Spice of life | In love of monsoons, ‘malpuas’ and ‘pakoras’
‘Saavan’ has a different meaning. It is listening to the nature. Nature that gives us a hundred and one opportunities for listening. I think the best sound one hears is the ring of raindrops on your window panes. It gives me an ethereal pleasure when I hear them and watch them as well.punjab Updated: Jul 17, 2017 09:15 IST
For years, I have been in the habit of sitting out in the veranda of my house early morning and being in the company of mother nature.
Come hail, rain, storm, summer or winter, my routine is never missed. The lure of air conditioner in the summers, the warmth of quilt in the winter or any other reason does not stop me from coming out of my room.
An invisible force drags me out of my bed and brings me out. At times, laziness does overpower me, but after a few minutes, I spring up again.
Very few people are aware of our Vikrami calendar these days. But I always keep a track of it. According to our family tradition, every Sankranti (first day of the month) pooja is performed, prasad (halwa) made in the kitchen and then anything else follows. This is how we Indians welcome our new month. Deep inside, I have a feeling of fulfilment when our old ‘parampara’ is followed.
Of all the months, I look forward to ‘Saavan’, also known as ‘Shravan’, which in Sanskrit means to listen. This is the month of incessant rains, which keeps you indoors. Our ancestors and sages could have been listening to the scriptures during this month.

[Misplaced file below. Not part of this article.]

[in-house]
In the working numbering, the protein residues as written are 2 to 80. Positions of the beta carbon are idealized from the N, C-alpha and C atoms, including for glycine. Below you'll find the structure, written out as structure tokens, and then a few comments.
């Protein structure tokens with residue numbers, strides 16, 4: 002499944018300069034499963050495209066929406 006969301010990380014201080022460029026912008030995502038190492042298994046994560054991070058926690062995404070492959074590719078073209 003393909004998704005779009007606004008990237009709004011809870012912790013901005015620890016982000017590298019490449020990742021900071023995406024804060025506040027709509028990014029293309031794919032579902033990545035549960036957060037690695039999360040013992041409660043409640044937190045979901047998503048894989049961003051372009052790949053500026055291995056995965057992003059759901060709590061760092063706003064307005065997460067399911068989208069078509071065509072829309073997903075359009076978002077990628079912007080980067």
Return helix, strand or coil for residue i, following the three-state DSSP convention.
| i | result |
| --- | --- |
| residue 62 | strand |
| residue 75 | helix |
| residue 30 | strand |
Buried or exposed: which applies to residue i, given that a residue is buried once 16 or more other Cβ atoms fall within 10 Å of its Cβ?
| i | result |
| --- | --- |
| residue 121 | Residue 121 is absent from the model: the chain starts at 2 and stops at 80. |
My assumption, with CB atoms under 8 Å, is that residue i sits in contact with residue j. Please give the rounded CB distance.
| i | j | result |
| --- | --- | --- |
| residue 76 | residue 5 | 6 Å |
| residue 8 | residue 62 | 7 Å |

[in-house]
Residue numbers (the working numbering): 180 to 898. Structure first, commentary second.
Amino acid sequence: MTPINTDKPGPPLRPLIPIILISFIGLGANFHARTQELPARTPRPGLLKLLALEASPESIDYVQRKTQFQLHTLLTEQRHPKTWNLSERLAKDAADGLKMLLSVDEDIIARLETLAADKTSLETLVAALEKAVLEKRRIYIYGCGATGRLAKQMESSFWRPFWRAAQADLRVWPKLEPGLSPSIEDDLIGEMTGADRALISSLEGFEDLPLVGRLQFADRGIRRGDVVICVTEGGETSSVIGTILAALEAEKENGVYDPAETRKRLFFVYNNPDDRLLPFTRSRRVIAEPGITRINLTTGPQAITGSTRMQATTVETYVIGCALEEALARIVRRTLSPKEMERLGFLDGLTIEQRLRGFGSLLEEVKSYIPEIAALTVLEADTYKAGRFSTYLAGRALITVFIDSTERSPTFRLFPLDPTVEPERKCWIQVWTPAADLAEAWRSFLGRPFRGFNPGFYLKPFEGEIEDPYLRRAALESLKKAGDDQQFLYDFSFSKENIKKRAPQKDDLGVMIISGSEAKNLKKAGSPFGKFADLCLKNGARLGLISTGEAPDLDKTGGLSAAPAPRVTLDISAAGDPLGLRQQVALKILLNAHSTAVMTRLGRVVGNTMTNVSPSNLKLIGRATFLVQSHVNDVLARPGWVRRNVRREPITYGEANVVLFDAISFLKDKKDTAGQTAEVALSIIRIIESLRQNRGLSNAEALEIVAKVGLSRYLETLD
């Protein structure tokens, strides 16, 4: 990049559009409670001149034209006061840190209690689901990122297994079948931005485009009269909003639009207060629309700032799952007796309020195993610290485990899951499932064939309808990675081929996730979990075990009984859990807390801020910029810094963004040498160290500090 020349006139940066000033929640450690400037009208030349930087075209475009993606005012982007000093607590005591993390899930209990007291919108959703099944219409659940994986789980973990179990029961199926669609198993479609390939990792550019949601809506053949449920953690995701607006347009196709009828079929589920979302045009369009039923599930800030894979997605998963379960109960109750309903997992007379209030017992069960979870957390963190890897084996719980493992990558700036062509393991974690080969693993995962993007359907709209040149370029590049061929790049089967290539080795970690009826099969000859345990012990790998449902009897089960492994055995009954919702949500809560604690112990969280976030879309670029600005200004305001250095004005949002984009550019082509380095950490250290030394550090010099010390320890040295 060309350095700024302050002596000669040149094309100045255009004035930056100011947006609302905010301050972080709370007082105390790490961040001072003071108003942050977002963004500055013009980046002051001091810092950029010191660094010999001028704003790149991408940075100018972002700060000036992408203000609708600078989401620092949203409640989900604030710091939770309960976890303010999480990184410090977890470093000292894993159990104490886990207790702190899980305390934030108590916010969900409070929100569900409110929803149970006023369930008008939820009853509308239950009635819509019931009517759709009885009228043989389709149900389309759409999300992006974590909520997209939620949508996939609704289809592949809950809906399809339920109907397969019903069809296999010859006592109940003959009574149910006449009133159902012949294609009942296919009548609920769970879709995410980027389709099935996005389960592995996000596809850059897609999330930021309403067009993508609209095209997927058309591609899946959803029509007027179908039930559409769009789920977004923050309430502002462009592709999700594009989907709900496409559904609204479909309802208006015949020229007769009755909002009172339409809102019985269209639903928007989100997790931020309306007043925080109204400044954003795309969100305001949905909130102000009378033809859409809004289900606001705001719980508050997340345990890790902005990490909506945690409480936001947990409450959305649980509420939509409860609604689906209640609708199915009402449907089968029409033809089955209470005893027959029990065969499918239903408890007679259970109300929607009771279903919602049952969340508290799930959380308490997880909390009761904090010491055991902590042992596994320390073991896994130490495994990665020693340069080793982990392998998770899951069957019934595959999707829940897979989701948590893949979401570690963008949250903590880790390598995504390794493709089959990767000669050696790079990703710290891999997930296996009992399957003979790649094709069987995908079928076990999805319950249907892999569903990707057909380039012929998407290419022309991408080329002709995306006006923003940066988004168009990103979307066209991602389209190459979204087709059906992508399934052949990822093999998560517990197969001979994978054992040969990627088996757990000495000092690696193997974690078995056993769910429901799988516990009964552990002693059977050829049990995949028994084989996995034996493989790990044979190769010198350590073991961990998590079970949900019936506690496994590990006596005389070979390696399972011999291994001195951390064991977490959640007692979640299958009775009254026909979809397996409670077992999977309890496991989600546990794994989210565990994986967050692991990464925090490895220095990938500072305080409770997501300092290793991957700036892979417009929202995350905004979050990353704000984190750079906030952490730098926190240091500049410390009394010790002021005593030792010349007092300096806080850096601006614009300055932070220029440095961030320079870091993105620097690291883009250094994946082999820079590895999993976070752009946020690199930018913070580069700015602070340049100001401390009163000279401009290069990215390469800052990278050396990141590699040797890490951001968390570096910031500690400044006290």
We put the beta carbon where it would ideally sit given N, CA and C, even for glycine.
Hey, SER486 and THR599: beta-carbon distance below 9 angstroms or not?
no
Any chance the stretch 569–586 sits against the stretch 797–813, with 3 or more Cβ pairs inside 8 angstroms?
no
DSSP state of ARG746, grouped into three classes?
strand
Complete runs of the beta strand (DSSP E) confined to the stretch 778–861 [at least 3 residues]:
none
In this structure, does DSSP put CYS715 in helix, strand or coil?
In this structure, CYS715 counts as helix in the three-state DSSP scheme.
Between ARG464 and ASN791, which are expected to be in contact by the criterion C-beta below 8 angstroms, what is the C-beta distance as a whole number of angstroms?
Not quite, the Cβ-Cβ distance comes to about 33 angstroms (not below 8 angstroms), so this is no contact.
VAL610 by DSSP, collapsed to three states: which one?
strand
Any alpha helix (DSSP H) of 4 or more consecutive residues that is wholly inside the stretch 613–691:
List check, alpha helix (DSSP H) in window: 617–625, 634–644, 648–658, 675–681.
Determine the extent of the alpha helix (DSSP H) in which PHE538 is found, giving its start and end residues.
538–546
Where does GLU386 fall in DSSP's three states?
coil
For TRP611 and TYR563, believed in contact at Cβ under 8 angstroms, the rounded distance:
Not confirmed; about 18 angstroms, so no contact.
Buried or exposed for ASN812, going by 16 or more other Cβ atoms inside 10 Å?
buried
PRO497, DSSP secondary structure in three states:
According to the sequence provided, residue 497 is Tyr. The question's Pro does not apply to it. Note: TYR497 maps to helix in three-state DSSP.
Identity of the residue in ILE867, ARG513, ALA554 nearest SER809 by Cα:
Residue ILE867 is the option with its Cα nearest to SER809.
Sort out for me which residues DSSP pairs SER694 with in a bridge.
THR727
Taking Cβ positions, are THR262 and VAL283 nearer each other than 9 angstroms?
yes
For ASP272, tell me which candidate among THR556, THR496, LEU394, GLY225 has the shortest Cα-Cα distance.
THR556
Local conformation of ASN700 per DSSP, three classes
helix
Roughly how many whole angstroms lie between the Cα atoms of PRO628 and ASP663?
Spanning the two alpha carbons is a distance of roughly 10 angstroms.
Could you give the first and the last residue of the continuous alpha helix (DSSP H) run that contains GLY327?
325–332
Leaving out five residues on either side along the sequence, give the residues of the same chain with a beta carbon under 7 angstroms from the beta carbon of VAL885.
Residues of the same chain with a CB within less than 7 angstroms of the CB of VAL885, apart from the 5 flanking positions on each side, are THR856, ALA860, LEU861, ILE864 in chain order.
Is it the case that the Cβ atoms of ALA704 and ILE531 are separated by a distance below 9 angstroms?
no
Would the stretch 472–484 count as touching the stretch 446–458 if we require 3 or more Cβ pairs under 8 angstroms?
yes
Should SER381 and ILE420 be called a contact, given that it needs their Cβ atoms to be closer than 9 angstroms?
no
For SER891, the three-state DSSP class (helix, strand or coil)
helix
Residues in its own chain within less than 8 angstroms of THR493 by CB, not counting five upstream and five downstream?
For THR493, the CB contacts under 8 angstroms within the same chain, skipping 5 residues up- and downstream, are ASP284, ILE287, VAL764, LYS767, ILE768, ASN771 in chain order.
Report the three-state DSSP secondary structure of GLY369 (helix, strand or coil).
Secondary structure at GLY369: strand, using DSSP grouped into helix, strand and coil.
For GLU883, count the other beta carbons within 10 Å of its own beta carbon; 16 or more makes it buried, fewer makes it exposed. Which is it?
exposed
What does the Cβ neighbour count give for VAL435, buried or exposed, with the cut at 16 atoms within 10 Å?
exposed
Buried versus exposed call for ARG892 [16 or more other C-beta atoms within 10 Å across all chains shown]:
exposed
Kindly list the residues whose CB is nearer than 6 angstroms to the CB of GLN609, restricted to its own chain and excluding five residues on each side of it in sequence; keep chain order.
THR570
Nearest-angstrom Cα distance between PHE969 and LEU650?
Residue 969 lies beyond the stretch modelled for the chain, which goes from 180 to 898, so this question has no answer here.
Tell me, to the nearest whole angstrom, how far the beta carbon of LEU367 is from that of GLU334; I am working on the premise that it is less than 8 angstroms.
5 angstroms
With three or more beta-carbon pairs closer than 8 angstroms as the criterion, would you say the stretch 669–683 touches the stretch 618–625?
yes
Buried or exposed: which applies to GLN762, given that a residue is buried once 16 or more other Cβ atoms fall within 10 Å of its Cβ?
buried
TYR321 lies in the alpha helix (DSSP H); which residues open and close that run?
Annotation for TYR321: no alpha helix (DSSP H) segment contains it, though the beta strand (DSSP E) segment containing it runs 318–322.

Our ancient knowledge is so precise and perfect that all phenomena of nature, including turning of days and nights, rising of moon and its decline and changing of seasons, are all stunningly logical.
But for me, ‘Saavan’ has a different meaning. It is listening to the nature. Nature that gives us a hundred and one opportunities for listening. I think the best sound one hears is the ring of raindrops on your window panes. It gives me an ethereal pleasure when I hear them and watch them as well.
The sound of rising tides in the ocean is also awesome. The sound of leaves dripping with rain drops, the splash of water when you walk barefoot on the grass while it is raining, the chirping of birds and buzzing of insects — it all adds up to the beauty of this season.
I have observed that whenever the sky is overcast with clouds, one’s mood also changes. Howsoever gloomy you may be, the sight of rain and clouds make you feel cheerful. Without any rhyme or reason, you start humming some lyrics which are close to your heart.
To crown it all, the craving flavour of a hot cup of tea or coffee along with ‘pakoras’ makes it a sublime day and you have the urge to have it more and more.
In North India, ‘malpua’ is a special delicacy to be savoured along with so many other varieties of sweets.
Your spirits soar high while enjoying every moment of ‘Saavan’ as fun and frolic are associated with this month.
Sitting on a ‘jhoola’ (swing) is an integral part of this season. We used to enjoy the swing of a long rope tied with a strong tree. How can I even count the blessings of this month?
I feel ‘Shravan’ month caters to all five senses — smell (first raindrops on the earth), sight (myriad hues of nature), sounds (which I referred to earlier), taste (all the seasonal delicacies) and touch (the feeling of fresh raindrops on your skin). So, hail ‘Saavan ka Maheena.’ Enjoy every precious drop of rain and don’t forget to munch those ‘pakoras’ with
‘kadak chai’. After all the weather calls for it!
(The writer is a grandmother in Amritsar)